Logo link to homepage

Report on Ol Doinyo Lengai (Tanzania) — March 1990

Bulletin of the Global Volcanism Network, vol. 15, no. 3 (March 1990)
Managing Editor: Lindsay McClelland.

Ol Doinyo Lengai (Tanzania) Airphotos suggest continued production of small lava flows on crater floor

Please cite this report as:

Global Volcanism Program, 1990. Report on Ol Doinyo Lengai (Tanzania). In: McClelland, L. (ed.), Bulletin of the Global Volcanism Network, 15:3. Smithsonian Institution. https://doi.org/10.5479/si.GVP.BGVN199003-222120.

Volcano Profile |  Complete Bulletin


Ol Doinyo Lengai

Tanzania

2.764°S, 35.914°E; summit elev. 2962 m

All times are local (unless otherwise noted)


Airphotos taken between 16 and 18 October 1989 by Geoff Price and 7 March 1990 by Lester Eshelman suggest that no large-volume lava flows have been extruded since June 1989. Only minor changes appear to have occurred to cones in the crater since . . . 24 June-1 July and 22-25 November 1988.

During the October 1989 overflight, clouds partially obscured the crater floor, which appeared pale gray, with a slightly darker lava flow (F13), previously seen June-August 1989, near the W wall (figure 14). Cones and vents on the crater floor had changed little since June-August 1989. A vent (T12) seen in September 1989 was no longer visible at the base of the E crater wall. A new vent (T13) had been added to the old complex (T5/T9) which now appeared as several closely spaced cones joined at the base. A possible small hornito (H6) was observed between T5/T9 and T8. The width of the overflow across the former saddle (M2M1) had not changed, but the area of lava S of the saddle may have increased slightly, particularly on the W side of the southern depression.

Figure (see Caption) Figure 14. View of the N crater and southern depression at Ol Doinyo Lengai, looking roughly S between 16 and 18 October, 1989. Traced from a photograph by Geoff Price; courtesy of C. Nyamweru.

On 7 March 1990, bright sunshine and clear visibility revealed small lava flows of varying colors on the crater floor. However, none were dark gray or black, suggesting that they were of different ages and probably more than a few days (but at most a few weeks) old. No new vents were recognized, and the area of lava in the southern depression had not increased. Flow F13 was white, but had been partially covered by younger brown flows from the W side of T5/T9T13 (figure 15). Many flows of different colors were seen on its W and N slopes, including a narrow white tongue of lava (roughly 4-5 m long and 50 cm wide) stretching from the vent down the flank of the cone complex. Similar features were observed forming on T4/T7 in 1988. Several dark grooves extending from the slopes of T5/T9 appear to be narrow channels formed when a lava flow built levees, restricting it to a narrow stream. The formation of similar features was observed . . . in June and November 1988.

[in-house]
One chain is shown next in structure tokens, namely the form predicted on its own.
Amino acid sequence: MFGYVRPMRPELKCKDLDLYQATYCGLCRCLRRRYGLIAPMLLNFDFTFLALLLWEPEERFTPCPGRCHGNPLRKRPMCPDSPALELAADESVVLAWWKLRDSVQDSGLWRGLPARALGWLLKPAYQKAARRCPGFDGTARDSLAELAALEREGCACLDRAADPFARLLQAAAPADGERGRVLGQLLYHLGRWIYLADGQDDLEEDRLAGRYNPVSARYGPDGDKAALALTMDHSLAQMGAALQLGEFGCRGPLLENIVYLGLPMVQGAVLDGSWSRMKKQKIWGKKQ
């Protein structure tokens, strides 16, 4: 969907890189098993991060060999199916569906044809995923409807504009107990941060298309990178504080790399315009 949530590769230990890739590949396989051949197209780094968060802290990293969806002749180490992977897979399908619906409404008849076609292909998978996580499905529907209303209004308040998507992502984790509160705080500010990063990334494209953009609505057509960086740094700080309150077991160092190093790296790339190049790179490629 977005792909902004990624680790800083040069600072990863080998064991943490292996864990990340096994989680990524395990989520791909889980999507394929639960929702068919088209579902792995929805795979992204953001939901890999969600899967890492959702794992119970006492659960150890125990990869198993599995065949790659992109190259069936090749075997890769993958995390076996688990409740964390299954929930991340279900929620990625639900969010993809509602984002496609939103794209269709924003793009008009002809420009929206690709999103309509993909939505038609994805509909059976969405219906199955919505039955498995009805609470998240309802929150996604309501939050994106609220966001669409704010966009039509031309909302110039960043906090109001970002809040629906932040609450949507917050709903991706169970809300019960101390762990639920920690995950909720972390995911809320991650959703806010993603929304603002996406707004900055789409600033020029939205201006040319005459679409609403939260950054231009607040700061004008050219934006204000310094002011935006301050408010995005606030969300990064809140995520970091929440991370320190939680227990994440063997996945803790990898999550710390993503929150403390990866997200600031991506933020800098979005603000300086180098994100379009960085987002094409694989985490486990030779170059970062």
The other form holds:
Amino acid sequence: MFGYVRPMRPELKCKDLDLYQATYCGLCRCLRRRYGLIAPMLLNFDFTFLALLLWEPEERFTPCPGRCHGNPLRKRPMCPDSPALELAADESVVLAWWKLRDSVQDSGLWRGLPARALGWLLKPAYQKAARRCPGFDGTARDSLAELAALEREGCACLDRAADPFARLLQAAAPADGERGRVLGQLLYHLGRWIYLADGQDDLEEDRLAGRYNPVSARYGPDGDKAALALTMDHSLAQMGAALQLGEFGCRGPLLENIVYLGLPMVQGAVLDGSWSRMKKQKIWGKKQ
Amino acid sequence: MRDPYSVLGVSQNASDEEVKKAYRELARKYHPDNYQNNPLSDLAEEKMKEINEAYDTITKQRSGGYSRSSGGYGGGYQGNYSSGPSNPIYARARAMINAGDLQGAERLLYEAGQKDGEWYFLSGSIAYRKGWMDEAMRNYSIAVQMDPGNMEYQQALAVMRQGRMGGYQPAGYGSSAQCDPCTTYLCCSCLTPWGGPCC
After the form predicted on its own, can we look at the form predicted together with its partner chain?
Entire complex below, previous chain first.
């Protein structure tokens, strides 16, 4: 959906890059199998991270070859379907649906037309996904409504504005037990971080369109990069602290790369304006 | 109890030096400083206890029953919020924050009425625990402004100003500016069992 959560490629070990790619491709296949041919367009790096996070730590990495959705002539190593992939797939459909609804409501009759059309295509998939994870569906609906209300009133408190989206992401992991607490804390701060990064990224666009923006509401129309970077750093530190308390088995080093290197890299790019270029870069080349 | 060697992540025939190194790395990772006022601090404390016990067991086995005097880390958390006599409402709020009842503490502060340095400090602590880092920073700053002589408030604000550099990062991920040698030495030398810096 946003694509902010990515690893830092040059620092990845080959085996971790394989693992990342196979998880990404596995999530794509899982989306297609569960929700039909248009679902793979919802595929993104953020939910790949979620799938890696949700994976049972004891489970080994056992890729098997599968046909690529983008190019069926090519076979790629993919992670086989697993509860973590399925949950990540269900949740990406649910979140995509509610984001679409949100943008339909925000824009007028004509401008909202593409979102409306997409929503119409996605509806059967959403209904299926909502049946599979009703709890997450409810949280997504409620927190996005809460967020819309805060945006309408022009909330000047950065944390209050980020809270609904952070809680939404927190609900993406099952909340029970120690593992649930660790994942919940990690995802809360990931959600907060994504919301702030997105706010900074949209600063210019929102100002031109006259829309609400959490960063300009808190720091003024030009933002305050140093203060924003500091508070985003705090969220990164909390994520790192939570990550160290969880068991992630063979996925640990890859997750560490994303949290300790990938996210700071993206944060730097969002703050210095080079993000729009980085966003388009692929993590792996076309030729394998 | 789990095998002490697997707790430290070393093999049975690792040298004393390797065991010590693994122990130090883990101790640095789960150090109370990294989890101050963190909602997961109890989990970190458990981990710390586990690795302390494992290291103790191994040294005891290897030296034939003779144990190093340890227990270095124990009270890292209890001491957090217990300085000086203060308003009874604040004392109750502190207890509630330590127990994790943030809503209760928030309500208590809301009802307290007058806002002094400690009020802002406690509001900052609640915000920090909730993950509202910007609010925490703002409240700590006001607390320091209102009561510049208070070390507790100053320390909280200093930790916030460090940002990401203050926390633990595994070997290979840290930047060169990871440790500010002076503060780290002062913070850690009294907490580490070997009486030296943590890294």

Figure (see Caption) Figure 15. View of the N crater and southern depression at Ol Doinyo Lengai, looking roughly S on 7 March 1990. Traced from a photograph by L. Eshelman; courtesy of C. Nyamweru.

Notes on individual vents and cones are as follows: T5/T9/T13: Probable center of activity since October 1989, with emission of small thin flows from very small vents, mostly on its W slopes. The top has merged into a single broad cone with several dark patches indicating cracks or vents near the top. T4/T7: Brown and buff colors dominate. Small black patches at the top of two mounds on the E side indicate vents still open. No sign of new material extruded from these vents. Generally smooth and weathered. Lava production from T4/T7 was last reported in November 1988 (13:12). T8: Brown and buff colors dominate. Top of pinnacle appears slightly less steep. No sign of new material. Lava spattering was seen in November 1988, but only gas emission has been observed since then. T10: Gray; part of ridge that joined this cone to the E crater wall may have collapsed. Bubbling lava was seen near T10 in May 1989 (14:06). T11: Pale gray; center of cone is flat and inactive. Possible collapse at N edge. No recent lava emission was apparent and none has been reported since November 1988.

Geologic Background. The symmetrical Ol Doinyo Lengai is the only volcano known to have erupted carbonatite tephras and lavas in historical time. The prominent stratovolcano, known to the Maasai as "The Mountain of God," rises abruptly above the broad plain south of Lake Natron in the Gregory Rift Valley. The cone-building stage ended about 15,000 years ago and was followed by periodic ejection of natrocarbonatitic and nephelinite tephra during the Holocene. Historical eruptions have consisted of smaller tephra ejections and emission of numerous natrocarbonatitic lava flows on the floor of the summit crater and occasionally down the upper flanks. The depth and morphology of the northern crater have changed dramatically during the course of historical eruptions, ranging from steep crater walls about 200 m deep in the mid-20th century to shallow platforms mostly filling the crater. Long-term lava effusion in the summit crater beginning in 1983 had by the turn of the century mostly filled the northern crater; by late 1998 lava had begun overflowing the crater rim.

Information Contacts: C. Nyamweru, Kenyatta Univ.